We’re ready for a brand new beat. Bring on the göbek atmak!
Early in 2014, my cousin – an Istanbullu through and through – invited my friends and me to a concert in Beyoğlu, the beating heart of the city’s art scene. He assured us that the neighbourhood, with its alleys lined with dozens of bars and performance spaces, was the best place to spend a dreary February night. Removing a stack of tickets from his coat pocket, he added that Kolektif Istanbul was playing at the Babylon nightclub. ‘No one puts on a better show’, he said
We got to Babylon at around nine or nine-thirty, when the other concertgoers were still having private conversations over drinks, and checked our coats before walking to the stage. Some minutes later, the energy in the room shifted. People left their posts at the fringes of the dance- floor and congregated in the centre, turning away from one another to look up at the six musicians who had just taken the stage. With their instruments in hand, the band must have felt that the room could not wait any longer, and, seconds later, launched into an infectious brass melody. After two hours of dancing to songs we had never heard before – at least, not in a 9/8 time signature – I had become a follower of Kolektif Istanbul.
My story is not unique amongst fans of Kolektif Istanbul, who released their fourth studio album, Pastırma Yazı (Pastrami Summer), this June. Two of the group’s co-founders – vocalist and trumpet player Aslı Doğan and her husband Richard Laniepce, a multi-instrumentalist French transplant – began building their fan base in 2006 at such joyous live performances, in which traditional Thracian melodies meet the band’s jazz and funk sensibilities. The group’s other members include the Bulgarian-born brothers Tamer (accordion and keyboard) and Talat (clarinet) Karaoğlu, Ertan Şahin (sousaphone), and jazz drummer Ediz Hafızoğlu.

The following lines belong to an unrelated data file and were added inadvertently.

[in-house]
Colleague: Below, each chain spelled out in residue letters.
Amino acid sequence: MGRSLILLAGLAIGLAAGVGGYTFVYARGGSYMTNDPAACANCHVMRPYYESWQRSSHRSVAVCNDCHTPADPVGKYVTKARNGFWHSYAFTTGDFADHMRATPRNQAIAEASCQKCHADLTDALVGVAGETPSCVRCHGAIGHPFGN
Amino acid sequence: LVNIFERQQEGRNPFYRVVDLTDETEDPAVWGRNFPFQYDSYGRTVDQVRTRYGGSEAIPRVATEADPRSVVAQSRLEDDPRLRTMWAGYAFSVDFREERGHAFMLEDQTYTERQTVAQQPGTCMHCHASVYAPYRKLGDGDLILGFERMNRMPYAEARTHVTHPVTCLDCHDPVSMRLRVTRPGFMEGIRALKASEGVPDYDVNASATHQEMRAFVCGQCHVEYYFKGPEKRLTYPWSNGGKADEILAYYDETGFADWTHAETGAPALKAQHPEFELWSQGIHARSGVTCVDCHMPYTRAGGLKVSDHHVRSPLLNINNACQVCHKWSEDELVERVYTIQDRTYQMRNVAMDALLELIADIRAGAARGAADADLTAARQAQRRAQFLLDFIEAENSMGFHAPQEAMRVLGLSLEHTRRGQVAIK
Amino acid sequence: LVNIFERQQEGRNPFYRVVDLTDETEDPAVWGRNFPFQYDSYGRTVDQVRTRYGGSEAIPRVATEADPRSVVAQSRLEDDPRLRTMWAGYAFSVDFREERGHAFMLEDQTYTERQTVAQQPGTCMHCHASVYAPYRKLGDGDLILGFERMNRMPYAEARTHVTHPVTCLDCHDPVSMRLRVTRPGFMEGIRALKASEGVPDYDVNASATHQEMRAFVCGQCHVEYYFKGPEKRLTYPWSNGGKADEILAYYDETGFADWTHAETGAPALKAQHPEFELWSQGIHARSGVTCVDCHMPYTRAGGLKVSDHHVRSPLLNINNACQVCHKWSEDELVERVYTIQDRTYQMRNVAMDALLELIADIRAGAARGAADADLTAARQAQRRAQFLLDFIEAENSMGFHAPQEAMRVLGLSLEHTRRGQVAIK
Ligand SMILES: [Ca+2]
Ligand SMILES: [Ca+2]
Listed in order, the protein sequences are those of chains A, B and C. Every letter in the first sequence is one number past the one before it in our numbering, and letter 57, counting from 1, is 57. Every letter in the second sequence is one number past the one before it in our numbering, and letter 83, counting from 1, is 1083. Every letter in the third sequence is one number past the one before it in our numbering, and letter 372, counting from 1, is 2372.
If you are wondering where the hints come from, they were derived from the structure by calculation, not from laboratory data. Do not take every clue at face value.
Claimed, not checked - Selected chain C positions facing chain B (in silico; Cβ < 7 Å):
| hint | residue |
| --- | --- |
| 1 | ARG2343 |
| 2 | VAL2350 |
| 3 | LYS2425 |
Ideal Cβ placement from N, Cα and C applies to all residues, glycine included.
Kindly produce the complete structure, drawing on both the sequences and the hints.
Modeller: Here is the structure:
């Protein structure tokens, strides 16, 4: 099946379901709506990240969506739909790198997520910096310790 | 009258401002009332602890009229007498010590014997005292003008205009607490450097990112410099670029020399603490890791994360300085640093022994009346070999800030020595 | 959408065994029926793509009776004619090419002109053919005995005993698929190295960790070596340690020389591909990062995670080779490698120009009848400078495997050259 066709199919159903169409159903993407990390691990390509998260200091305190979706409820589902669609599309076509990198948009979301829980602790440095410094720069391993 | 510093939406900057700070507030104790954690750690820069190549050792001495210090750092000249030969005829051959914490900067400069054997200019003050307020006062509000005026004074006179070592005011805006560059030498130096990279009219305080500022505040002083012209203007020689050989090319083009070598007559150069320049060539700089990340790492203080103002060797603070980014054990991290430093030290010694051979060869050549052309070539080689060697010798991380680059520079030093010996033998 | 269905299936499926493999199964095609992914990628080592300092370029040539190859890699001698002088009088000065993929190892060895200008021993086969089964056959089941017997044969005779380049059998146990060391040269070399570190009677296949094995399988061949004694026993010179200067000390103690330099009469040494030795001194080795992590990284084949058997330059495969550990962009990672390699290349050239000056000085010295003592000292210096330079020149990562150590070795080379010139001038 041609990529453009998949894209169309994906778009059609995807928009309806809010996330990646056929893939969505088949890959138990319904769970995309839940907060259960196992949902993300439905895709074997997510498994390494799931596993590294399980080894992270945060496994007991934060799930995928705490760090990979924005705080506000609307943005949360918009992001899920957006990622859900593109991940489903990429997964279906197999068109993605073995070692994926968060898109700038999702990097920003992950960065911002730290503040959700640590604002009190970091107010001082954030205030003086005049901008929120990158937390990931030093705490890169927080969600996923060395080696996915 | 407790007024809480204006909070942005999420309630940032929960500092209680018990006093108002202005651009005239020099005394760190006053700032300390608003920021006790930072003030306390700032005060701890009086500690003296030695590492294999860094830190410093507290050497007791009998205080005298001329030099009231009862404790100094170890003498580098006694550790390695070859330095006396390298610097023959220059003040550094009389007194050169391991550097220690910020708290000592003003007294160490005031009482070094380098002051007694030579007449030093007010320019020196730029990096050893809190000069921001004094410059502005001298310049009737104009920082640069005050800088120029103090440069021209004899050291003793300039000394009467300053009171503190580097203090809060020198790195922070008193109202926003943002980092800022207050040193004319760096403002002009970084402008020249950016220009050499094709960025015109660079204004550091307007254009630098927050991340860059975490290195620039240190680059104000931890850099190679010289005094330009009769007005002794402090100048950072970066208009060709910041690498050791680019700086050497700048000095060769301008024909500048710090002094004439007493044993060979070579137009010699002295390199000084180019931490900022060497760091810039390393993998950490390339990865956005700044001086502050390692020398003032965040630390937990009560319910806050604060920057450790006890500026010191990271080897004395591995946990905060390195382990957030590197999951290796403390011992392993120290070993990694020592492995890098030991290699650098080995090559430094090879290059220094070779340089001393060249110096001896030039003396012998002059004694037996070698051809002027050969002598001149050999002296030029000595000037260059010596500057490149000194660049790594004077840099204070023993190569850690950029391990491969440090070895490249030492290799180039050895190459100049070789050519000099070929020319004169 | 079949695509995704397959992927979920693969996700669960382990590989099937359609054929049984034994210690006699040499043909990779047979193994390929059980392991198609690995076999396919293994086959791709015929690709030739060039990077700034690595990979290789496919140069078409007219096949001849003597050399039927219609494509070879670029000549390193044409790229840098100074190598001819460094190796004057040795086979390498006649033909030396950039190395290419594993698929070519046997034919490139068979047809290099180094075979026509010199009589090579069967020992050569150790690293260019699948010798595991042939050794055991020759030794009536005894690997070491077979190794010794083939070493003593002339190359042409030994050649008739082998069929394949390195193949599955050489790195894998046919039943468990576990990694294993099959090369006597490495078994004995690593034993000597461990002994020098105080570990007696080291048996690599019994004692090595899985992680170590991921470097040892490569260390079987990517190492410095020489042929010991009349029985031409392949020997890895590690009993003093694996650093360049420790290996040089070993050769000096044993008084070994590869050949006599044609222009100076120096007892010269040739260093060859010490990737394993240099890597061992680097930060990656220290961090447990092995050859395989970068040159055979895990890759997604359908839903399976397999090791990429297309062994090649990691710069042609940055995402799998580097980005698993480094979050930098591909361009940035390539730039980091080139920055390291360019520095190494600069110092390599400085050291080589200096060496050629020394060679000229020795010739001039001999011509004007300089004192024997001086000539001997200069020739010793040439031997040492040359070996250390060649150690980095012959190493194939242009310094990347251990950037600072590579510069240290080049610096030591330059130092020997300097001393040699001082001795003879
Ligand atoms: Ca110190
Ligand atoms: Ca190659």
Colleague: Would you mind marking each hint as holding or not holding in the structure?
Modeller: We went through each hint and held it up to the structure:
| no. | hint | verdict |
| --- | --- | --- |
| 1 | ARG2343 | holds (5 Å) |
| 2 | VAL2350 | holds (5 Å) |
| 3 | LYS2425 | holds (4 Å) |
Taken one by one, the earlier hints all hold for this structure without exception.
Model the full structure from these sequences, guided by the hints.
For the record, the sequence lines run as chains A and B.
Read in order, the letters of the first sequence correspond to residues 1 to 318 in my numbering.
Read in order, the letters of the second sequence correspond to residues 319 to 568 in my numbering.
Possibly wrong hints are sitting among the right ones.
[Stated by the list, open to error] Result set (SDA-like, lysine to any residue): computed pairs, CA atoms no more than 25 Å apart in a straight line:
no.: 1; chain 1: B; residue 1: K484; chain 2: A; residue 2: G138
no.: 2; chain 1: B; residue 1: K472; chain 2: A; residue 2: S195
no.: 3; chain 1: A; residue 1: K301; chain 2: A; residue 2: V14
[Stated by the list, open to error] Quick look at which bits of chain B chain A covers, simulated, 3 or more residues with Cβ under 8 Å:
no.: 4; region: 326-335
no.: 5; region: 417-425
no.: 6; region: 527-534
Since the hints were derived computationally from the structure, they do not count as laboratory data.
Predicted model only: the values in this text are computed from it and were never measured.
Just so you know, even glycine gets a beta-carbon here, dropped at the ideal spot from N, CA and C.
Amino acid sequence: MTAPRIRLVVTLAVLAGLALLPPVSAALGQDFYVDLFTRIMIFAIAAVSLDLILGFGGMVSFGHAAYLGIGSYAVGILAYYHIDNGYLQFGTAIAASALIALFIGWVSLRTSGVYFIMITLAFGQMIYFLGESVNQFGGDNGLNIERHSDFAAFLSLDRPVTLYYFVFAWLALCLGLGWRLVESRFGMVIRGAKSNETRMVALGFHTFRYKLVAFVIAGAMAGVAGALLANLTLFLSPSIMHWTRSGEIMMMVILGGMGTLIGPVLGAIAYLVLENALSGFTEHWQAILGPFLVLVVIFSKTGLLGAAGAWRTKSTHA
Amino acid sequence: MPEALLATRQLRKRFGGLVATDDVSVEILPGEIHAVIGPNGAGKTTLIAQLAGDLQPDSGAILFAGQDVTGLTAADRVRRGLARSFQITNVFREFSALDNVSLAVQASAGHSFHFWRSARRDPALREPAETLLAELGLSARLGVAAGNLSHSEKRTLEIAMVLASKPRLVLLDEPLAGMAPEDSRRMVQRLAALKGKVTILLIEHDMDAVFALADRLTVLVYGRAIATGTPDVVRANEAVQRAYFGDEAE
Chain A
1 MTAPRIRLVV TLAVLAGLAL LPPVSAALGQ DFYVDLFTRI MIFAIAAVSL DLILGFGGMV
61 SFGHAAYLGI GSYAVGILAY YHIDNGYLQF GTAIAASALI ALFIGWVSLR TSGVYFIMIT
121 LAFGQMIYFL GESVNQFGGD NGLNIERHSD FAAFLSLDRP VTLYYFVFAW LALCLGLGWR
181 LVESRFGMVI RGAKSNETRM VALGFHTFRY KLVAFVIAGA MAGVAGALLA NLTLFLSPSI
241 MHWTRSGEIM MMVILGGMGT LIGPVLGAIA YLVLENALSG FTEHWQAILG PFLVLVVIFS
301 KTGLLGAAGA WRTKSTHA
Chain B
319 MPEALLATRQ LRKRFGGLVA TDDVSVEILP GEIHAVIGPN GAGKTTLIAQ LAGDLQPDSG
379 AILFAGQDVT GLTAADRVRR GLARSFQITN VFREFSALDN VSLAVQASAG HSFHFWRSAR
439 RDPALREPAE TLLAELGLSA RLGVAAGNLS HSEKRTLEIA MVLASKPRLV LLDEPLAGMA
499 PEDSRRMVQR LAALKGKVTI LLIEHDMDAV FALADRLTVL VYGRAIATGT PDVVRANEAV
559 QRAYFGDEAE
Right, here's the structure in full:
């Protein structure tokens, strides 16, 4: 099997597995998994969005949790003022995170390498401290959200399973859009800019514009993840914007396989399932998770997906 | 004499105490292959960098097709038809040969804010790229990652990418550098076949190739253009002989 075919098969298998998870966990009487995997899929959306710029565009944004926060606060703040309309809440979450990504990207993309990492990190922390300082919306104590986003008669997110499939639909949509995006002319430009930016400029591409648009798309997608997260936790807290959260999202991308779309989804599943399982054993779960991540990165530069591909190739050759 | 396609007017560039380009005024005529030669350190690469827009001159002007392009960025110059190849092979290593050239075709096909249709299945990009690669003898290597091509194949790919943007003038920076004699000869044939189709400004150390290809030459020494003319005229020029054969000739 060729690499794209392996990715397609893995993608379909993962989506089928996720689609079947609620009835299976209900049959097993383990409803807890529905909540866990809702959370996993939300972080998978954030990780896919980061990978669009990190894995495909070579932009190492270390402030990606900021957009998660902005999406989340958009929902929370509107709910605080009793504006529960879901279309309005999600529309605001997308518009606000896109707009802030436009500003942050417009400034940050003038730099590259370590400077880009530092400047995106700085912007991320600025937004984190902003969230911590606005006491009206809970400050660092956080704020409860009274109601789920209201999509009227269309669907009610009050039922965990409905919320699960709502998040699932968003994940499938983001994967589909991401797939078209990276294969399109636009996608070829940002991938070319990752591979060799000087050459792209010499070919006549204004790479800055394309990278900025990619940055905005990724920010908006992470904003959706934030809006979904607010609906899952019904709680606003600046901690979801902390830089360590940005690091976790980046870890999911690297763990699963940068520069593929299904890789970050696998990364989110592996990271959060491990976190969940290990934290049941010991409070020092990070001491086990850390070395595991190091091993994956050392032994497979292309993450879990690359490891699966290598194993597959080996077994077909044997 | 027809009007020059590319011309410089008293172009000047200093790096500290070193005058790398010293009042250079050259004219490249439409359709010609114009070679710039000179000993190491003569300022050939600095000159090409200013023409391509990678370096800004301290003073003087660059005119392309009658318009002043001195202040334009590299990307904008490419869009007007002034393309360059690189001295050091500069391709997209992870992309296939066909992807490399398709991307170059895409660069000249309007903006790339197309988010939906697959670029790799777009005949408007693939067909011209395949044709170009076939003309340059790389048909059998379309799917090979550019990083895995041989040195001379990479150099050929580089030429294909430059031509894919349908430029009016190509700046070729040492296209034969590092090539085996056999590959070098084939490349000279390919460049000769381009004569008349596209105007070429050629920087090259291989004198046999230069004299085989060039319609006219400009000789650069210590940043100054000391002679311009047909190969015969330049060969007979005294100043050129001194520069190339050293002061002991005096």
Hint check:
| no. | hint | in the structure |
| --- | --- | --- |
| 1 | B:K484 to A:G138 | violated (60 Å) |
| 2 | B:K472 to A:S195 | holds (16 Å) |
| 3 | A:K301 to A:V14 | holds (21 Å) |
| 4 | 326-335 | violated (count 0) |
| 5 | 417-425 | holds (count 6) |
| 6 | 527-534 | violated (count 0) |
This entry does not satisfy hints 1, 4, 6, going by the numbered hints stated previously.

A typical Kolektif Istanbul concert spans every genre, from Turkish oyun havaları, or, highly danceable folkloric numbers, to French chansons and Western alternative rock. Their influences range from Bulgarian clarinetist Ivo Papazov and accordionist Peter Ralchev to Snarky Puppy and Farmers’ Market, a Norwegian jazz band specialising in Bulgarian folk. ‘We don’t rehearse too often’, Doğan said. ‘Our sound is a product of all the gigs we’ve played [over the last decade]. Everyone in the band experiments with different sounds.’ Laniepce added that ‘All the work of arranging a song happens live in a concert. Before the gig, someone will have an idea [about a particular song], and we’ll all just go with it.’
This ‘just go with it’ mentality has yielded interesting musical hybrids over Kolektif Istanbul’s ten-year existence. Funky tuba bass lines run through Turkish folk songs; jazzy, syncopated drum beats undergird traditional Bulgarian wedding tunes; slow, lyrically driven French chansons are rewritten in an upbeat 9/8 time signature. If you thought you couldn’t dance to Joe Dassin’s L’Été Indien (Indian Summer), think again. ‘We never arrange a song with a particular sound in mind,’ Doğan said, ‘and as a result, we haven’t been able to come up with a good label for our music. One of our friends called our sound “progressive wedding music”, and we really like that.’
Somewhat ironically, Kolektif Istanbul initially formed inside a studio. In 2005, Kolektif Istanbul was just that – a collective of 21 musicians who had gotten together to record traditional Thracian and Balkan melodies at the request of Laniepce, who eventually produced the group’s 2006 debut album, Balkanatolia. A luthier by trade, Laniepce – who hails from Lorient, a small town in Brittany – spent much of the late 90s tracing the origins of various wind instruments such as the gaida (Bulgarian bagpipes). He set out for the Balkans in 1997, and divided his time between the peninsula’s young republics. When he wasn’t speaking with or recording local musicians, Laniepce purchased vinyl records and developed a small collection of musical instruments. By 2000, he had made his way around the Balkan peninsula and was Istanbul- bound. Although he had originally planned a three-month visit, he has now lived in the city over 15 years.